Be Careful What You Wish For

In one of my earlier entries in this space, I lamented the lack of powered loudspeakers in the American marketplace. Where, I complained, were the compact, affordable, bi- or tri-amplified, DSP-smarts-enabled loudspeakers? Where were the products in the format that any intelligent engineer would identify as the only technically rational way to tackle the reproduction of musical sound?

Boy, did I underestimate the power of my pen. Today, barely three years later, the world is awash in cleverly designed, superbly compact speakers that combine multiple channels of built-in amplification and powerful digital signal processing to work their magic.

Trouble is, from an objective audio-quality vantage point, they are almost without exception mediocre at the very best, because the numberless (and in many cases faceless, too) active loudspeakers that now dominate the marketplace are all small, wireless, and Bluetooth. (Note to self: next time, start out by asking the genie for three more wishes….)

These portables, the 21st century's answer to the hoot-boxes of the '70s and '80s, check all my boxes: they use multiple channels of built-in power to drive multiple drivers—thought it's most often a single woofer and two or more mid-high-frequency drivers; they employ impressive DSP processing power to extend low-end reproduction, smooth frequency response to something more nearly approaching high fidelity, and to monitor driver temperatures and excursions to prevent voice-coils from melting or dinky cones and domes from launching themselves across the room. Trouble is, like the car radios of an earlier, simpler era, they are mostly engineered to maximize output, i.e. loudness, which means that bass extension, high-treble ability, midrange finesse, and most everything else are sacrificed to achieve kickin' mid-bass and the loudest possible middle three octaves, to get the tunes jammin' across the whole beach.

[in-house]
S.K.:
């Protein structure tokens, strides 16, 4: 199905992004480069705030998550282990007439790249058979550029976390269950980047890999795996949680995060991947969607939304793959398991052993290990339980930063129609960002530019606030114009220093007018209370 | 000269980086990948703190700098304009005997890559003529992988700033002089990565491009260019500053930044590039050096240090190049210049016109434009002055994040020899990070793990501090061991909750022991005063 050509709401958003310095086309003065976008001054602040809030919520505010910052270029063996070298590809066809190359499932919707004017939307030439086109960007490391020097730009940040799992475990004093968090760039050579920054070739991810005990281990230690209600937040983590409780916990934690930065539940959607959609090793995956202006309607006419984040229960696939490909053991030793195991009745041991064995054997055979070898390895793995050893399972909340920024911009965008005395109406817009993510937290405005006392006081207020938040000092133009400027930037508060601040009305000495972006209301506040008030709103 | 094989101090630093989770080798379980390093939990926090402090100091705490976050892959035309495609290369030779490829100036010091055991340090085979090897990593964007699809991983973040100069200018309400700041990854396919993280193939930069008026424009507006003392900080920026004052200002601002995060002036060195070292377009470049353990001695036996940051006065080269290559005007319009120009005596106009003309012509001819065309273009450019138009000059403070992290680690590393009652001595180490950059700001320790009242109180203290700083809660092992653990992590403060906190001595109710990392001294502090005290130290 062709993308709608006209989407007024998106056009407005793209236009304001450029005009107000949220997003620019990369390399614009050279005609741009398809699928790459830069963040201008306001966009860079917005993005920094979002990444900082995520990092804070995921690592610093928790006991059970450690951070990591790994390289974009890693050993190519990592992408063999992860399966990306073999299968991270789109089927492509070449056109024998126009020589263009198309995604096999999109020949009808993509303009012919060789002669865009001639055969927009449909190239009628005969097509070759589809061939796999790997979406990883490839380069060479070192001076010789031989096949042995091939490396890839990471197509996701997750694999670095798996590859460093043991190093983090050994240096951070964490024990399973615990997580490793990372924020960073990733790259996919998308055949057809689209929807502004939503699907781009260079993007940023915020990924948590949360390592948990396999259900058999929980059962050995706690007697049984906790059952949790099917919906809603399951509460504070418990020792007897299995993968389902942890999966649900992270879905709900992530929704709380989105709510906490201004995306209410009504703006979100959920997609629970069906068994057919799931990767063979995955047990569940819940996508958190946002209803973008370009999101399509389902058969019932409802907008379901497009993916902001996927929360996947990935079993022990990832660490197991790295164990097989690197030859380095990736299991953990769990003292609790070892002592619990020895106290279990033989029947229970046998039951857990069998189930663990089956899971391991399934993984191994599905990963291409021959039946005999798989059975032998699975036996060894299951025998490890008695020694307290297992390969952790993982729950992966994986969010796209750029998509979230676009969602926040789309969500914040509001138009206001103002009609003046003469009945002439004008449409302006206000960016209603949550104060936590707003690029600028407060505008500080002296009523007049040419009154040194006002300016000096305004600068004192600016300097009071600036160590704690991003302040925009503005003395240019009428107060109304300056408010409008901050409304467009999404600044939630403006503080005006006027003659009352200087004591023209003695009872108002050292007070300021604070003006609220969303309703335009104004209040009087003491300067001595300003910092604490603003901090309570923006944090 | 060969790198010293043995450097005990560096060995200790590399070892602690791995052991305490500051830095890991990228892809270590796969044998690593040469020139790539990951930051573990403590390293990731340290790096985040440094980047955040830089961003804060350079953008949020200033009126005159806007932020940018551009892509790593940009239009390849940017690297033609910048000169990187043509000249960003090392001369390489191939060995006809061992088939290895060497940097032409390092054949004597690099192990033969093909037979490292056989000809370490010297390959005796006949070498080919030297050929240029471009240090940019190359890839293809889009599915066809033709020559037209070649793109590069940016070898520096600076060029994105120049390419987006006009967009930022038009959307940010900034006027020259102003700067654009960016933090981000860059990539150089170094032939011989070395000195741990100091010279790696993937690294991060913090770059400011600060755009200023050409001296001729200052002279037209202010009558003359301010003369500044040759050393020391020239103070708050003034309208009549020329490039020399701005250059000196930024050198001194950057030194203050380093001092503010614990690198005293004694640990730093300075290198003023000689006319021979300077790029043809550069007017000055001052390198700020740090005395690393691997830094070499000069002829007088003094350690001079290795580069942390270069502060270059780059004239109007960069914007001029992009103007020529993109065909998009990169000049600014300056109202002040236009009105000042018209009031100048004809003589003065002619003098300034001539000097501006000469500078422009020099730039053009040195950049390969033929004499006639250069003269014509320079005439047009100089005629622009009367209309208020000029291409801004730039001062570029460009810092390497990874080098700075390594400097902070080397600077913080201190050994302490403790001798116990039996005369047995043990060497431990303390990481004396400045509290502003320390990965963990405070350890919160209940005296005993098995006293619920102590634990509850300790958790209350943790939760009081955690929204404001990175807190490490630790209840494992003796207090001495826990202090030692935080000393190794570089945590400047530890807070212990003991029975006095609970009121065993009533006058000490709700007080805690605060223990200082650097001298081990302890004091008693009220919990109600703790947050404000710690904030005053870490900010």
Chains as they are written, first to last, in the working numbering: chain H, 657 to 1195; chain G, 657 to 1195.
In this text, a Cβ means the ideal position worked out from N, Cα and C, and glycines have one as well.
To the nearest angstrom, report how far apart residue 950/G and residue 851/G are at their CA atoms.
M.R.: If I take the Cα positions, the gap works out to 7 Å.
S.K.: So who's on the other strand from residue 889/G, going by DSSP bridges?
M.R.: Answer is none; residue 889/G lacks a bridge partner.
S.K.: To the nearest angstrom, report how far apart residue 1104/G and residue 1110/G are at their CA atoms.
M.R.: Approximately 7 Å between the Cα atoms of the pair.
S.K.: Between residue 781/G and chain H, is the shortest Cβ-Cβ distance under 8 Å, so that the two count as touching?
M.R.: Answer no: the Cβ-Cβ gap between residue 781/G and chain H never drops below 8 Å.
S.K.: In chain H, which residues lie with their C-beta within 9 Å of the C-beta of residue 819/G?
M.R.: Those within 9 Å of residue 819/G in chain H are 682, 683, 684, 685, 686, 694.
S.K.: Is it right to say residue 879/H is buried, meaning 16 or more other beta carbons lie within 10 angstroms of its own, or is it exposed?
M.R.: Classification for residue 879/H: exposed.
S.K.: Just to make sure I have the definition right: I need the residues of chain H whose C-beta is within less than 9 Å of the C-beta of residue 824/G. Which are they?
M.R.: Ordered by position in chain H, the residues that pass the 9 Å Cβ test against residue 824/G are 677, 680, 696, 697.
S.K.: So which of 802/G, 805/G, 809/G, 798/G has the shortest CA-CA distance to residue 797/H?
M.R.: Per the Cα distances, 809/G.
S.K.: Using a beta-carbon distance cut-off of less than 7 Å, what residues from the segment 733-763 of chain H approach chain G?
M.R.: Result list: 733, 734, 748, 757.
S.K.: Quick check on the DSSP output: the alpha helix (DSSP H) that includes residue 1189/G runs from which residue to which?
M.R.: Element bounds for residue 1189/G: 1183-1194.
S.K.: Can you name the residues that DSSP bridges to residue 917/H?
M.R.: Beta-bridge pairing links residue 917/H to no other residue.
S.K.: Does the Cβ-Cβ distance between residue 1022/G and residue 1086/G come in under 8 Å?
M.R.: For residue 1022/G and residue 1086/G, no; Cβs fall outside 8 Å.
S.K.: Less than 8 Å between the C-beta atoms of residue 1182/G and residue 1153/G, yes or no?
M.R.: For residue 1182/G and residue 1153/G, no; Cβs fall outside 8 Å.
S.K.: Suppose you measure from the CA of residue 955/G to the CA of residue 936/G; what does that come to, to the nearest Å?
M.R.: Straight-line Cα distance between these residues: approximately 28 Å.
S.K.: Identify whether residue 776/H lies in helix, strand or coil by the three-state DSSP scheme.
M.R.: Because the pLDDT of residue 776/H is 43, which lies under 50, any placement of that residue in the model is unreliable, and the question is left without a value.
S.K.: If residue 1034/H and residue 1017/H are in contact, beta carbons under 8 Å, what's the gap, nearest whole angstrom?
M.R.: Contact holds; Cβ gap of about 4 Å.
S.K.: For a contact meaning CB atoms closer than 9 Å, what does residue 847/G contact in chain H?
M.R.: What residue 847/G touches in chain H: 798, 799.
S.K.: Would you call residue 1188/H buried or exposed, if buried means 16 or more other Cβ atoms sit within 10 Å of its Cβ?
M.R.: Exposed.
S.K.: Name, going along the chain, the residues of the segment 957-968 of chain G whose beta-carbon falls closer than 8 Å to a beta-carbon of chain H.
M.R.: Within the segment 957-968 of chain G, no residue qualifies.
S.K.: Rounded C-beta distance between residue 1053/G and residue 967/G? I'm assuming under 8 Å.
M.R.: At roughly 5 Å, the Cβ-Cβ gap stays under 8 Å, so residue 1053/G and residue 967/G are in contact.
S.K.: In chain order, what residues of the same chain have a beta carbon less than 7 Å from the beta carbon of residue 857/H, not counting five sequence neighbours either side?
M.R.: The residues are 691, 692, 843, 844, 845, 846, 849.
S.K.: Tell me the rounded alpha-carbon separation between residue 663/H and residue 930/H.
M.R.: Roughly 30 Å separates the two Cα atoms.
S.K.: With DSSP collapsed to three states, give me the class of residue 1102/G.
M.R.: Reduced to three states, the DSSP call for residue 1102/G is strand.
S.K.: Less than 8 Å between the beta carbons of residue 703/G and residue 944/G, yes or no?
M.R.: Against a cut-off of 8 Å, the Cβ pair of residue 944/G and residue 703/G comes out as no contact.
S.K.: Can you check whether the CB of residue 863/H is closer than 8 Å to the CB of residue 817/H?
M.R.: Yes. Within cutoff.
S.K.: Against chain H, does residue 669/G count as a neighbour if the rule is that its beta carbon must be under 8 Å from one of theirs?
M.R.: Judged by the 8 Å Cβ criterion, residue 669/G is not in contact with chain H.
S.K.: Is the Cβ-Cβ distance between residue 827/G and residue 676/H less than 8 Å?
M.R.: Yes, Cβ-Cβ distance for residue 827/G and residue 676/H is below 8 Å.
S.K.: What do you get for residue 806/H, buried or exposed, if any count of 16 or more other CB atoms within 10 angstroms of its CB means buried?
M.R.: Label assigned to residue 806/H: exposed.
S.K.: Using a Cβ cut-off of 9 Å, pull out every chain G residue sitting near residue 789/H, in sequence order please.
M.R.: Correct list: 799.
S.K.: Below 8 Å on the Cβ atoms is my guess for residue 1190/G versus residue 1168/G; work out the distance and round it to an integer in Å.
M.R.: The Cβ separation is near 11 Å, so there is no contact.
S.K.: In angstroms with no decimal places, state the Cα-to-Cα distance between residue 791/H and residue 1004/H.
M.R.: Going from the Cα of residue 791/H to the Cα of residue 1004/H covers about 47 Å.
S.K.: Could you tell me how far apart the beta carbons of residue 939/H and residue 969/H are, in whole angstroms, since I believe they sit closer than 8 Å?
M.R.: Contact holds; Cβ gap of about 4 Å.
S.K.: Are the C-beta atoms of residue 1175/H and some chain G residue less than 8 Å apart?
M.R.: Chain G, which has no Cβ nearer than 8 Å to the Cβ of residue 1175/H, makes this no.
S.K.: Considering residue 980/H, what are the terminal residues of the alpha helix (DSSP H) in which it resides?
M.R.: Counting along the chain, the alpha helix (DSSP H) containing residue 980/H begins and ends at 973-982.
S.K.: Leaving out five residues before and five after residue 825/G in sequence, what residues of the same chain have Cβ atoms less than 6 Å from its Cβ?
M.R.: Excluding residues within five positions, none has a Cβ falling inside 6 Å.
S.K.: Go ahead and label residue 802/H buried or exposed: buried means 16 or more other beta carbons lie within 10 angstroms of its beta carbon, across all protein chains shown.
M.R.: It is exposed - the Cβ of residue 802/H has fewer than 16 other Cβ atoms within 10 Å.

Not that I have anything against outdoor audio.

Well, maybe I do. I don't particularly care to hear somebody else's music (which all too often is some dude angrily screaming over heavily distorted, detuned guitars run through a sub-octave generator and playing open fifths more or less randomly up and down the fretboard) unrequested. But, unhappily, Bluetoth speakers are making this an increasingly common irritation. (Fortunately, I live in the country, so it's not a problem at home, just in public spaces.) Nor do I really mean to dis Bluetooth portables without qualification: I've heard some impressively good ones, and some amazingly small ones, so I'm ready to concede the engineering excellence they represent.

Just the same, they're not really about sound quality for its own sake—nor do they pretend to be. These days, an "audiophile" is coming to be defined as anybody that listens to a system you have to plug in.

I console myself with the knowledge that the skills this new generation of geeks have developed and brought to bear on today's wireless speakers are directly translatable to serious sound reproduction. The same knowledge and hands-on experience with built-in, Class D mini-amps, audio-DSP, and Thiele-Small parameters and fundamental loudspeaker design, could be applied, with very little adjustment, to designing a serious in-home, plug-in-powered, wired, active-DSP speaker of ear-opening quality and gob-smacking value.

Someday soon, I hope, some forward-looking engineer or corporate-climbing product manager is going to interrupt the monthly mini-BT-speaker development meeting to say, "Hey, you know what?! We could scale this puppy up, run it off 120vac instead of 6-volt battery rails, and program the DSP to derive full-range reproduction from a bookshelf-sized box while simultaneously correcting all kinds of driver non-linearities so that cheap drivers perform like costly ones, while even simultaneously measuring and correcting for the worst real-world room reflections and modes, and compensating for less-than-ideal placement—and it all wouldn't have to cost much more than a decent pair of passive speakers and a mid-market integrated amp! Think of the value! Consumers would beat a path to our door!"

Sigh.

COMMENTS
notany's picture

Take a listen to the KEF LS50W speakers. They are exactly what you asked for.

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